I ran across a very interesting op-ed by Tim Jackson on productivity today in the New York Times. The gist of his well-articulated argument is that due to our relentless drive for increased output, certain professions and their attendant tasks become negatively skewed because production and output are more important than outcomes. He cited medical practice and teaching as examples, and I believe that we can add enterprise, data, and solution architecture and project management to the mix.
His article and viewpoints resonated with me because over the past few years I have witnessed multiple incidents where enterprise, data, and solution architecture work was 'commoditized' by management and/or project leadership and results measured primarily by how much output (regardless of quality or usefulness) was produced in a defined timeframe. For example, I was a member of a project team designing a data warehouse where progress on the data model was measured by how many tables and table attributes were produced from business analysis documents per day – as opposed to examining this output with respect to it's clarity and usefulness to the database administrators and developers on the project team.
What the project manager failed to realize with respect to this effort is that there are multiple ways to judge the quality, usability, and completeness of a physical data model – the primary ones are correctly building and linking the model to the accepted/approved business analysis, adequate and correct linkage of related tables, ability of the physical model to be implemented in a database, and correct types and size of data. There are others, but these are the basics.
Instead this individual chose, incorrectly, to measure progress only by how many corresponding tables and table attributes were created in a given time frame. This led to an 'assembly line' mentality on the project where the project manager evaluated and treated the team akin to factory workers putting bolts into car frames as they pass by on the line. Not only was he not getting a true picture of where the deliverables stood at any point in time, but he introduced substantial risk on the project with respect to the quality and usefulness of the data architecture and models because he was only measuring gross output, not context or quality of the deliverables.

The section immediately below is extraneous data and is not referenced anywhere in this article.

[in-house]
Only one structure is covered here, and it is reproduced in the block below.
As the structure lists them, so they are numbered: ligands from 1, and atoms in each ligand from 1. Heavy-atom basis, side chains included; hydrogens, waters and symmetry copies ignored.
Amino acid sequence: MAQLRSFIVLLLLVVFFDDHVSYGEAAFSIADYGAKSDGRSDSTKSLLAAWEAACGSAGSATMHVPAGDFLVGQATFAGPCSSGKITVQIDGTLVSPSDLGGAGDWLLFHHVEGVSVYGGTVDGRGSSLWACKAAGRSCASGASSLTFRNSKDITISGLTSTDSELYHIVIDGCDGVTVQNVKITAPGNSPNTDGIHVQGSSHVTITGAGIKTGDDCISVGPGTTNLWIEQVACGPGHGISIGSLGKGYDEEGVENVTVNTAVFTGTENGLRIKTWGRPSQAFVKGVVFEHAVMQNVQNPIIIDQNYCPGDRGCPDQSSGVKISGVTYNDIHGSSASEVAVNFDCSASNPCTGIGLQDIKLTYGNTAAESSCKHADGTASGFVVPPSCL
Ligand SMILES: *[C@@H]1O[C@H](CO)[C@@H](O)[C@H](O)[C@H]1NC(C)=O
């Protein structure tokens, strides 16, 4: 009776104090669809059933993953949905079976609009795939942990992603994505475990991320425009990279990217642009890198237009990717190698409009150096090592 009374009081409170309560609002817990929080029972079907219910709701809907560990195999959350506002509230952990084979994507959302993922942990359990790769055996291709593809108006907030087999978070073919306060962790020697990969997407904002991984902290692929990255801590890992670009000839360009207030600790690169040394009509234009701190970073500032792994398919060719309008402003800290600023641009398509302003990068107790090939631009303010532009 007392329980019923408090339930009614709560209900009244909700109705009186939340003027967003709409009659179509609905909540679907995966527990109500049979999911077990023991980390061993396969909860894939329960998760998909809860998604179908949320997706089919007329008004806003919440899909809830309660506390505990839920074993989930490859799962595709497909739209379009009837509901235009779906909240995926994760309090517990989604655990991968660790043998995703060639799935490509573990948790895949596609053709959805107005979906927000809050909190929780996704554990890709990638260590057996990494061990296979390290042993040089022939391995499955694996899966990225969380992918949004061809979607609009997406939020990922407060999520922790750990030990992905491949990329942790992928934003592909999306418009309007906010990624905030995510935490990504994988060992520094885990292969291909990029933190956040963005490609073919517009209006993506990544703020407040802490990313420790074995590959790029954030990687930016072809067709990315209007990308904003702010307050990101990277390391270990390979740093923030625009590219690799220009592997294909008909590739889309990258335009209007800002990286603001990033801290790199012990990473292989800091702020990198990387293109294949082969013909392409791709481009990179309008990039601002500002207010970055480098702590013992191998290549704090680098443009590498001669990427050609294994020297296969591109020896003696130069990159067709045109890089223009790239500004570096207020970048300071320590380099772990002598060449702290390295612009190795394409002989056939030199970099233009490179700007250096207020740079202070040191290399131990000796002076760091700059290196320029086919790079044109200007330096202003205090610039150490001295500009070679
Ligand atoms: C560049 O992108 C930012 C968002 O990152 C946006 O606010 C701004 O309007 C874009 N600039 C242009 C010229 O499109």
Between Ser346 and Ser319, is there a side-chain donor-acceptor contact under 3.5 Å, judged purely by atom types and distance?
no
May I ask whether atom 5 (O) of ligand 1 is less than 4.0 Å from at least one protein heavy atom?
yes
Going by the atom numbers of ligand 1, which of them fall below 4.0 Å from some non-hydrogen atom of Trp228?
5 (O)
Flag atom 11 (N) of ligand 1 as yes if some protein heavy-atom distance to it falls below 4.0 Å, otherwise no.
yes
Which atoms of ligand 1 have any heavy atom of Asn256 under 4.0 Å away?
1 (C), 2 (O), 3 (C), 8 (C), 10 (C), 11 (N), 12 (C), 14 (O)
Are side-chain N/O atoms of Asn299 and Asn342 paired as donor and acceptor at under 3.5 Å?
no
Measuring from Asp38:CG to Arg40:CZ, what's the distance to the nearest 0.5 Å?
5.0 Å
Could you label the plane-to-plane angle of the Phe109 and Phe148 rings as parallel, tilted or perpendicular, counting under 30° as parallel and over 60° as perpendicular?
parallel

When this happens, astute project team members know how to play the game: if they are only going to be measured on gross output of work in defined time frames, and not completeness and quality, they'll simply produce as much crap as can be inserted into documents, spreadsheets, or modeling tools and they will meet expectations. Apply these 'methods' to software developers, and what is usually generated is lots of lines of code, but the developed 'system' may not work or have severe performance issues. Of course, it's going to matter later that such crap is flawed and perhaps unusable, but hey, they did meet mandated performance targets right?
Knowledge work cannot be managed, much less optimized on such crude and misleading metrics. While project timelines and deadlines certainly matter, there is a degree of subjectivity in knowledge work that cannot be adequately planned in advance, much less successfully evaluated with crude, misleading, and incorrect output metrics. Does your physician talk rapidly or ignore your comments during your examination, perhaps thinking about his patient load that day or some other issue unrelated to your care? How about your attorney, accountant, or dentist? Fredrick Taylor-style 'productivity' metrics when applied to such situations not only do not work, but they often severely impair real solutions and progress, in addition to being 'gamed' by astute project team members that adjust their work and output to what is being 'measured' with quality and usefulness of the work outputs being, in most cases, damned.
Knowledge worker outputs matter in terms of eventual positive results and outcomes moving projects forward, not in the measurement of minutiae per time increment.